Business strategy is a choice of direction to grow a company’s value in the marketplace. While the strategy might seem all about techniques, objectivity, and bound to the real world.
It is also a matter of philosophy, in short, how the company interprets the real world and thinks it will develop in the future.
There are many ways to break down business strategy.
Let’s perhaps, start with a simple break-down of business strategy, in three core parts:
- Market entry (or go-to-market) requires initial traction (also in a niche market).
- Growth and market share acquisition, requiring expansion (from niche to broader).
- And business model renewal, requiring integration, consolidation, or innovation (you either acquire, merge, or place bets).
Market entry: context-based
A market entry will vary from the company’s size or existing products. If, for instance, a company like Microsoft or Google enters new markets, they will not do it as niche players.
Instead, they might build, acquire, or grow products that have the potential to gain a large customer/user base, quickly.
However, if we instead take into account a business strategy for startups, therefore, companies entering a market as a new player, there might be three primary ways to do it:
Breaking apart existing offerings
One way is to look at the product and unbundle it compared to what existing players are doing.
This process looks at the current product offering in the marketplace and makes the product better and more convenient.
Take the case of Apple turning the music industry upside down, by offering single songs on its iTunes (a model then made obsolete by Spotify as it offered all songs users wanted with a single subscription.
Breaking apart the distribution network
A second way is through disintermediation.
Therefore, the entry player will identify the part of the distribution network that can be substituted.
Take the case of OTAs (Booking, TripAdvisor, or else) removing or at least making the physical agency irrelevant by offering a wide variety of comparisons online, on their platforms.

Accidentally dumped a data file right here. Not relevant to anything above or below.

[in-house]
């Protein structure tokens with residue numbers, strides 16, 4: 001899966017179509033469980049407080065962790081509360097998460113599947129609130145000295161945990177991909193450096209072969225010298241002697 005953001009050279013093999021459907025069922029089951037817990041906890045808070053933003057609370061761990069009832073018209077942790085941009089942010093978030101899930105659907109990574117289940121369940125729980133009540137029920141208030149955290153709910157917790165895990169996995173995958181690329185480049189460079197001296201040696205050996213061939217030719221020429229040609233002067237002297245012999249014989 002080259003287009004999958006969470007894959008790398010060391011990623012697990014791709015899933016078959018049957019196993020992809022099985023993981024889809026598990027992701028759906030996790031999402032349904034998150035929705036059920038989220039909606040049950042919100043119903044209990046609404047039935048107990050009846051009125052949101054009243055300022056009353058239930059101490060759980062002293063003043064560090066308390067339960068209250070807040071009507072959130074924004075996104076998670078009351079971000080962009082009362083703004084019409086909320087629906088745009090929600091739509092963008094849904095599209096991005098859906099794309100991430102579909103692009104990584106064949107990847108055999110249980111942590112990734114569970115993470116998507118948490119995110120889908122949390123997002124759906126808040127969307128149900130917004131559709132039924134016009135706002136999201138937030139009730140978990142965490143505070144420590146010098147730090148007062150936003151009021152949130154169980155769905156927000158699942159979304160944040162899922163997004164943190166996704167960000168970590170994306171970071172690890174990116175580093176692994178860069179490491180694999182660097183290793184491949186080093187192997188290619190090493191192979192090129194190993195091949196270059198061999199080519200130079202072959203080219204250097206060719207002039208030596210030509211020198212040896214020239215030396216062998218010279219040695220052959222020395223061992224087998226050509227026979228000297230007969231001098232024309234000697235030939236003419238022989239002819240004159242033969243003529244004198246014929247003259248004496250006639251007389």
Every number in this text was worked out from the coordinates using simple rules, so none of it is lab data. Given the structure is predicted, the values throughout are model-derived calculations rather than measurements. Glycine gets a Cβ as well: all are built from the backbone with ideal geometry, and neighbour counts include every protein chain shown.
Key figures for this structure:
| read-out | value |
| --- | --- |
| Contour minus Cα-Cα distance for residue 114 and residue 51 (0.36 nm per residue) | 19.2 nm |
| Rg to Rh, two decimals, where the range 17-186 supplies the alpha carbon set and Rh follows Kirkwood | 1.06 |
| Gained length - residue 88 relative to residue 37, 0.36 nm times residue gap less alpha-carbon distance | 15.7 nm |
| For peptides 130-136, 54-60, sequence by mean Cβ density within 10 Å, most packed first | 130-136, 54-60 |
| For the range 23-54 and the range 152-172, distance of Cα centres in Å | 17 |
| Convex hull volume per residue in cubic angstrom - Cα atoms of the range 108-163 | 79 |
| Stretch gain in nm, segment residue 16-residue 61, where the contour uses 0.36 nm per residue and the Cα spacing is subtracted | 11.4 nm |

Breaking apart the value chain
Another entry strategy is that of identifying within the customer journey, the most valuable part, to offer that alone.
Perhaps, Birchbox offering a subscription service to provide customers samples of pre-selected cosmetic products, remove the hardest part from the value chain (select those products in the first place) while providing what might be perceived as the most valuable part (high-quality pre-selected cosmetics delivered straight to the customer, thus removing the most challenging part).
In that sense, companies entering several markets will opt initially for a niche, or a small segment of the industry, to validate the idea, gain traction, and evolve their business models from there.
For instance, when PayPal entered the market, it didn’t do it by trying to bring in as many customers from all over the place.
It simply found out that many of its power users were on eBay, and it surfed, what it was at the time a giant.
As we’ll see by the end of the article, eventually eBay acquired PayPal, and by 2015, it spun it off. Today PayPal is worth much more than eBay.
Growth and market share acquisition
Once companies have entered markets successfully, it’s the turn of figuring out growth, to gain a competitive advantage.
Business model renewal
Once the company has reached a mature stage with its business model, it gets the time to renew it.
This renewal can happen in several ways. Some of them can be through:
Integration and consolidation: vertical or horizontal
An example of placing bets on the future is how companies like Google, have within their portfolio, a set of companies, which product and potential business model (many of them are still at the development stage) is in part adjacent (like self-driving that can be used also to improve existing products) or, for now, disjoined.
Those bets might become a whole new business model, company, or spin-off, that might become an entity on its own.
For instance, back in 2015, eBay spun off PayPal. Today PayPal has a market cap of over $200 billion, compared to eBay’s over $40 billion market cap.
Read Next: Business Model Innovation, Business Models.